It’s crucial to remember that while AI can streamline and scale customer care, it’s your amazing people that really drive your brand’s customer experience. We want to empower those real people with artificial intelligence capabilities to gain higher productivity without compromising a personal touch.”
In the press release it states: “Lithium Messaging processes a brand’s digital conversations across web chat and mobile apps – tagging, prioritizing, and routing customer queries to the right agents for fast and accurate responses.” Can you go a bit more in-depth on the process of matching the different queries with the right agent to address them? What would the characteristics of the query or agent be that determine who gets which conversation?
“Our AI algorithms along with the company’s business rules route and prioritize questions to the person best equipped to answer them. For example, a large company may have multiple product lines, and not every customer service agent can expect to be an expert in all of them. So through keyword tagging we can identify what product category the question needs to go in, and route it to the agent who has expertise in that area. Also through our proprietary recommendation engine, our system can identify how urgent the matter is, and escalate it accordingly.”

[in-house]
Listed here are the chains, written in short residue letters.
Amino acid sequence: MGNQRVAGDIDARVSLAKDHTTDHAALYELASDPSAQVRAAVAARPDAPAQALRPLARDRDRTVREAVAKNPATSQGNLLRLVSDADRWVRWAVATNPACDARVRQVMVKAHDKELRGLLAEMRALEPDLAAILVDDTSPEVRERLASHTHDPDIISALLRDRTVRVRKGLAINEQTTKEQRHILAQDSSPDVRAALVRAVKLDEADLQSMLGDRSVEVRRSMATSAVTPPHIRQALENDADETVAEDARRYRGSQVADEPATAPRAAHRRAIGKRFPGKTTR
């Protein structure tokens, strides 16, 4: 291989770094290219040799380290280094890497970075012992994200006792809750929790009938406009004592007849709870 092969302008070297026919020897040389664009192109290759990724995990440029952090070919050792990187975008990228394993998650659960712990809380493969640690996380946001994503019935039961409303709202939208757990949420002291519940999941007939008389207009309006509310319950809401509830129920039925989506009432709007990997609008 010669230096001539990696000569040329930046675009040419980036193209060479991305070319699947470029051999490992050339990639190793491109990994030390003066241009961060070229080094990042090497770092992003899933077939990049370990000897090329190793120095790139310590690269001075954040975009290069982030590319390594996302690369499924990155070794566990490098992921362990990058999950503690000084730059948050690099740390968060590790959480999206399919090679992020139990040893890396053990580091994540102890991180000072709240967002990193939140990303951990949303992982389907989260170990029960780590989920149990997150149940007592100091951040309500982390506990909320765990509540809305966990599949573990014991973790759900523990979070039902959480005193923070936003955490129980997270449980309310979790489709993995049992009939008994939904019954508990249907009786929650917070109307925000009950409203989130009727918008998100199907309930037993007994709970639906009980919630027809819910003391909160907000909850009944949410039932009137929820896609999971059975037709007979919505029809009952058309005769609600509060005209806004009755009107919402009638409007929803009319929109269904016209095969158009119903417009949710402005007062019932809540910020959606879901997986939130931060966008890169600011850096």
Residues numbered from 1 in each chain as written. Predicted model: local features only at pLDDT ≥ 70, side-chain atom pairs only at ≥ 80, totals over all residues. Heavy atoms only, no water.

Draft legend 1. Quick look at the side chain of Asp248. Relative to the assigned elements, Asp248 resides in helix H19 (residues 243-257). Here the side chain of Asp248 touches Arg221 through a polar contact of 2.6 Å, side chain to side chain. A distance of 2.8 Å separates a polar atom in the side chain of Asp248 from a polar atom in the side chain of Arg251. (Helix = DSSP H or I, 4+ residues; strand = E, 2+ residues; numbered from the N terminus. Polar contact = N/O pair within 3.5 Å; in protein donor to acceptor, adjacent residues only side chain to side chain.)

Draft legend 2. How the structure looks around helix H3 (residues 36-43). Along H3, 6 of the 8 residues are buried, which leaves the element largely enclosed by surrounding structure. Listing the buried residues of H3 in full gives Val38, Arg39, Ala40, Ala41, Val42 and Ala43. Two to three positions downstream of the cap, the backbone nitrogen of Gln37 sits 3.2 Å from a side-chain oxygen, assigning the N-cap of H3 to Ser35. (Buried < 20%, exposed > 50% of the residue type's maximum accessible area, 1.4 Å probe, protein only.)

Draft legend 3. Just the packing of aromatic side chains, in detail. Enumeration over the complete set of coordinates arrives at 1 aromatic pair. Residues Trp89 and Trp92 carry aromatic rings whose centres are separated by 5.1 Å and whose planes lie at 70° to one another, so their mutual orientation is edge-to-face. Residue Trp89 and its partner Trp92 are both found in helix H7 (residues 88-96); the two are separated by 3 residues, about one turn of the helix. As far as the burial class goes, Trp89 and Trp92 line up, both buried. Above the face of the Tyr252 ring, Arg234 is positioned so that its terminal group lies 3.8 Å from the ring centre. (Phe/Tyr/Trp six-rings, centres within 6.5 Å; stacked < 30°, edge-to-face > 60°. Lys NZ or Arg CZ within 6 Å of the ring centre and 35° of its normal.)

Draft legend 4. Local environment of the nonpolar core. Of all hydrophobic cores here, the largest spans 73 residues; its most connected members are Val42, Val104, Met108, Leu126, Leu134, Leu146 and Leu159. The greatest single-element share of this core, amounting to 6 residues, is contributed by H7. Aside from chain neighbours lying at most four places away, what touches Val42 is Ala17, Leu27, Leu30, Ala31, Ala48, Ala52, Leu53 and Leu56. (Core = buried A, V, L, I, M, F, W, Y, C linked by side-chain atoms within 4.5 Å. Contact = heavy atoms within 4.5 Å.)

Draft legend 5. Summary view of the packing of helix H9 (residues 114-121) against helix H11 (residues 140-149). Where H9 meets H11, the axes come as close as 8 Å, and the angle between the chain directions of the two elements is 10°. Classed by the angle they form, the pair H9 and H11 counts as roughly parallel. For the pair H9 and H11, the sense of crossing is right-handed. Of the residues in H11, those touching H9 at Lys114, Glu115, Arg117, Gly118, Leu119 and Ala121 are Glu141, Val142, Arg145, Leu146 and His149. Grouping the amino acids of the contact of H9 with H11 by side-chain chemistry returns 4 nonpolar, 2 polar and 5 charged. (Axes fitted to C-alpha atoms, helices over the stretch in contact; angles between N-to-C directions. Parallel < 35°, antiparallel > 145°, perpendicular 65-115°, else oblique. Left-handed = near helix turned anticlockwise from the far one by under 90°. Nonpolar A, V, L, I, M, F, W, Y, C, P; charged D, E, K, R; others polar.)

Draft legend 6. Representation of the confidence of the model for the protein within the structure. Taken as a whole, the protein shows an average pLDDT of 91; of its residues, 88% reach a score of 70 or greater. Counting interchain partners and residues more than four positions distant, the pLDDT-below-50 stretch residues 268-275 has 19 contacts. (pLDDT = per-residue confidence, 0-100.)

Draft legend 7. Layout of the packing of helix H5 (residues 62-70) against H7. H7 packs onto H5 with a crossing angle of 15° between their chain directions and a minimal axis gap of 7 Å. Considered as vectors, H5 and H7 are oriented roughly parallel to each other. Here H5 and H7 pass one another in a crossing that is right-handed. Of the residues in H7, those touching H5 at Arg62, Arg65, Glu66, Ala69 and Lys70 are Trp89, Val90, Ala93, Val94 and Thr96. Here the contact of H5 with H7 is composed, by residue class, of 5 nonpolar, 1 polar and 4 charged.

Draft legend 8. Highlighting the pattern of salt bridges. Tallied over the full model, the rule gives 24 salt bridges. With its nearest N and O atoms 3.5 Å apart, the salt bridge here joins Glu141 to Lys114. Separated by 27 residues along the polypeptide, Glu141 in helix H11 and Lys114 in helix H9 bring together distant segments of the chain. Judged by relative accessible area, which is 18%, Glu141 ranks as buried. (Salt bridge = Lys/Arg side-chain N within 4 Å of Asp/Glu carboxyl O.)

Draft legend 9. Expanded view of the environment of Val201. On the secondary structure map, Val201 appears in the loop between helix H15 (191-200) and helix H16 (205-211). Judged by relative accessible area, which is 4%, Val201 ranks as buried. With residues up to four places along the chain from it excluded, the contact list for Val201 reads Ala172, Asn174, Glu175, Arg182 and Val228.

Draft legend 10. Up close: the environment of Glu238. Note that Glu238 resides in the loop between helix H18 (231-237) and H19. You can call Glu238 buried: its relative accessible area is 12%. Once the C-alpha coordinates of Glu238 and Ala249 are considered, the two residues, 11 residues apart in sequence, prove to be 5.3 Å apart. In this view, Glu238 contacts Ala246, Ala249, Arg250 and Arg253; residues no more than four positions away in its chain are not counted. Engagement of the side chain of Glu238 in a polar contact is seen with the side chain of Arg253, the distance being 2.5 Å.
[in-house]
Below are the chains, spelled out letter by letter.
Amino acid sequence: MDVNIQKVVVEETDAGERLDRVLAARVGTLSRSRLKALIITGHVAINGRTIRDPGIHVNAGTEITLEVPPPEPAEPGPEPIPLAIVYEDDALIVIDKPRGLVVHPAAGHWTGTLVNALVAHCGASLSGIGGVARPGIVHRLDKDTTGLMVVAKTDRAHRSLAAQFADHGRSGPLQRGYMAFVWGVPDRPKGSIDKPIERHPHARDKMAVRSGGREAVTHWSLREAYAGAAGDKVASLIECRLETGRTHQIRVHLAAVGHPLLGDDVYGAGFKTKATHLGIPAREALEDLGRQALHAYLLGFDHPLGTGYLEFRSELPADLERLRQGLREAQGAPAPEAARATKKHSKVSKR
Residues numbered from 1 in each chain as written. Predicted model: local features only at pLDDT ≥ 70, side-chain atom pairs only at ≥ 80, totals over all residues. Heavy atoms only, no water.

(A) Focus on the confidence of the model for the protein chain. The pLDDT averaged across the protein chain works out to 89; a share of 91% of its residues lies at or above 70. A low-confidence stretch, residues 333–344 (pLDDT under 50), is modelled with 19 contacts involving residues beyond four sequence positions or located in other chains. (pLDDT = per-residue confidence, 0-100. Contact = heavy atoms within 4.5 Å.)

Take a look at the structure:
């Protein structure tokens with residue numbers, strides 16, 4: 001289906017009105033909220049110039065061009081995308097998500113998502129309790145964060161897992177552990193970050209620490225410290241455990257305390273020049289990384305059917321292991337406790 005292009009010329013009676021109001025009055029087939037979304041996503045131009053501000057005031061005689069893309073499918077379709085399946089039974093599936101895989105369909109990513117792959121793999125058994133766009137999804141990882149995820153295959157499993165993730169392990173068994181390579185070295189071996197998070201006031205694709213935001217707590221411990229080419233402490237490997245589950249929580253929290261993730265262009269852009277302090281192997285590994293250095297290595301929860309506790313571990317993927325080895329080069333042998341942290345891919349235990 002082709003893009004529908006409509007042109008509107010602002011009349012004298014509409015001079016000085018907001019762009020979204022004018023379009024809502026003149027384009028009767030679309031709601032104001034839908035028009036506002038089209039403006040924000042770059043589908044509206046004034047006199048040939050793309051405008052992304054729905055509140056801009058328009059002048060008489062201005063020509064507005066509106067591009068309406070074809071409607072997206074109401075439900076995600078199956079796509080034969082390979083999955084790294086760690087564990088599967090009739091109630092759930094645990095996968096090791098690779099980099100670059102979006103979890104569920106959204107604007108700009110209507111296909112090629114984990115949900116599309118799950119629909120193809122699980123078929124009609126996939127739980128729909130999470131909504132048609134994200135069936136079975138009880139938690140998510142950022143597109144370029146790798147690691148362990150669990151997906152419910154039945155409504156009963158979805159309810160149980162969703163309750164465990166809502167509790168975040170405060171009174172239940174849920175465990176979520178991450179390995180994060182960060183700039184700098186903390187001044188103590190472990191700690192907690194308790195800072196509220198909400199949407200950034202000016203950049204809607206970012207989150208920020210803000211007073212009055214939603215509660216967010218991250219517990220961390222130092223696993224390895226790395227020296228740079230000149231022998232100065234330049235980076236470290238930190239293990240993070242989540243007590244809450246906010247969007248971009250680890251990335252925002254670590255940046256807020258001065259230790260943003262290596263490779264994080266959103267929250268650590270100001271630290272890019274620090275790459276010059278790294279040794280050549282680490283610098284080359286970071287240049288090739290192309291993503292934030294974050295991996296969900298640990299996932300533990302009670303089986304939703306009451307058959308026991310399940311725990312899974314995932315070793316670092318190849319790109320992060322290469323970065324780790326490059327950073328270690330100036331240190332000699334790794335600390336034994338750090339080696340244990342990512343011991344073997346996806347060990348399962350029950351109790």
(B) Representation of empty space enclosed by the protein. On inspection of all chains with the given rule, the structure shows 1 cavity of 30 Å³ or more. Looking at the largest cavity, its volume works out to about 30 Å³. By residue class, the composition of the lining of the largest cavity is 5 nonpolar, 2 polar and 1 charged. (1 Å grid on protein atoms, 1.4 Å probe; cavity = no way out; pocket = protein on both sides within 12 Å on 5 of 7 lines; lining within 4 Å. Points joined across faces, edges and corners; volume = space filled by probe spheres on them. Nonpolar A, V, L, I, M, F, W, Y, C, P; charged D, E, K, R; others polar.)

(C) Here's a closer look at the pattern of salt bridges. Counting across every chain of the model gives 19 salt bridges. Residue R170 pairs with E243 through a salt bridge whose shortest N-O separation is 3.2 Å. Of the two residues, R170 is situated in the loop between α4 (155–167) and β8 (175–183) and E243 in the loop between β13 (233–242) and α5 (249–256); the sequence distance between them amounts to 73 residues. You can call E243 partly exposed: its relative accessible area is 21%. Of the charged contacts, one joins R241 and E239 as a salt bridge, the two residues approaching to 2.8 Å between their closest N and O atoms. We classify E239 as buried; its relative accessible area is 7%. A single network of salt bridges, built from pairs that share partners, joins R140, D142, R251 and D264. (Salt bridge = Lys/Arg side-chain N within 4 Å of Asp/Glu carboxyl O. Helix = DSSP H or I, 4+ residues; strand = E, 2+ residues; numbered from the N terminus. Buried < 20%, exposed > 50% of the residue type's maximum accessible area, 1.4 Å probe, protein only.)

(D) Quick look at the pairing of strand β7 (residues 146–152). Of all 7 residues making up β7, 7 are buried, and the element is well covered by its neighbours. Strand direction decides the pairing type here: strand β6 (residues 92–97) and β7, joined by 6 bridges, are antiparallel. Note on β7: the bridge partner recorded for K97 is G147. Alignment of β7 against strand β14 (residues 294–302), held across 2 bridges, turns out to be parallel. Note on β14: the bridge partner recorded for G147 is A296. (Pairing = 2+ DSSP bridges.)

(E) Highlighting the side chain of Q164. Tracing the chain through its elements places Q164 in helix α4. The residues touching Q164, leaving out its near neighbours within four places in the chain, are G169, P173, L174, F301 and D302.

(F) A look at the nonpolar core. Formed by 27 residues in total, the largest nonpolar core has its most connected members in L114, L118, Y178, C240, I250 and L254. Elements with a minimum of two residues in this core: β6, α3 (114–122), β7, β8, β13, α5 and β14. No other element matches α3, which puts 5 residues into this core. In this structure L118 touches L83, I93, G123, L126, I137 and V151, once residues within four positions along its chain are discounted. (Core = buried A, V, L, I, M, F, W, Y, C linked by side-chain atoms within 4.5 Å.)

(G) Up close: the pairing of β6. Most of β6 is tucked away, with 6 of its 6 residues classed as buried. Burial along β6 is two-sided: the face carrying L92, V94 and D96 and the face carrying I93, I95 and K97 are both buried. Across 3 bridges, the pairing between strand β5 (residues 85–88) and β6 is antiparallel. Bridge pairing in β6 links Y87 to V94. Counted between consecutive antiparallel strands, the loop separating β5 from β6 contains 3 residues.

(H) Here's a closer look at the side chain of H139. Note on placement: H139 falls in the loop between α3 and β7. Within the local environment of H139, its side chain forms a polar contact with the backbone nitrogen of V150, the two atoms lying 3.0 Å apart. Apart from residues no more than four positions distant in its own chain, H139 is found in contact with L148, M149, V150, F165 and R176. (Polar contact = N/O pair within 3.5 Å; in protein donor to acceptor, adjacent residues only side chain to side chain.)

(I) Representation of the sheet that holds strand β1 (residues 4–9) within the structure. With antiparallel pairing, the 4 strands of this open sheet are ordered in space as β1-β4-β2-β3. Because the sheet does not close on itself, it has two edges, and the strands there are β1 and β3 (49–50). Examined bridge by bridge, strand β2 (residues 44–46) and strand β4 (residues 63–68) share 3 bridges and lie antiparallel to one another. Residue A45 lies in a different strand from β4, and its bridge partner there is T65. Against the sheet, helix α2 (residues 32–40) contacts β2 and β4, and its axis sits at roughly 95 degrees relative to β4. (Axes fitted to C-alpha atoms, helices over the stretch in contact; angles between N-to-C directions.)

With the management of customer service inquiries growing in efficiency, what are your thoughts on brands being more proactive in starting or encouraging a dialogue with their customers earlier or more often than just when an issue arises and the customer has to inquire for assistance?
“We absolutely believe that brands benefit in the long term if they engage with their customers proactively themselves and allow opportunities for them to engage with other customers throughout this process.
The key is to identify customer issues well before they become trends on social media. In fact, a recent study we ran found that 71% of consumers will stop using your brand when treated badly, even if they love your product. Smart brands know that a proactive and genuine response to any issues can actually help improve customer perception of your brand.
However, sometimes it is not what you say to them, but what your customers say to each other about you. To inspire more reviews and help negate customer issues, actively ask your consumers to share or review their experiences, then post those reviews everywhere you can—online, in-store, and at every touch point. These active community members will also come to your aid when a customer has a question or issue.”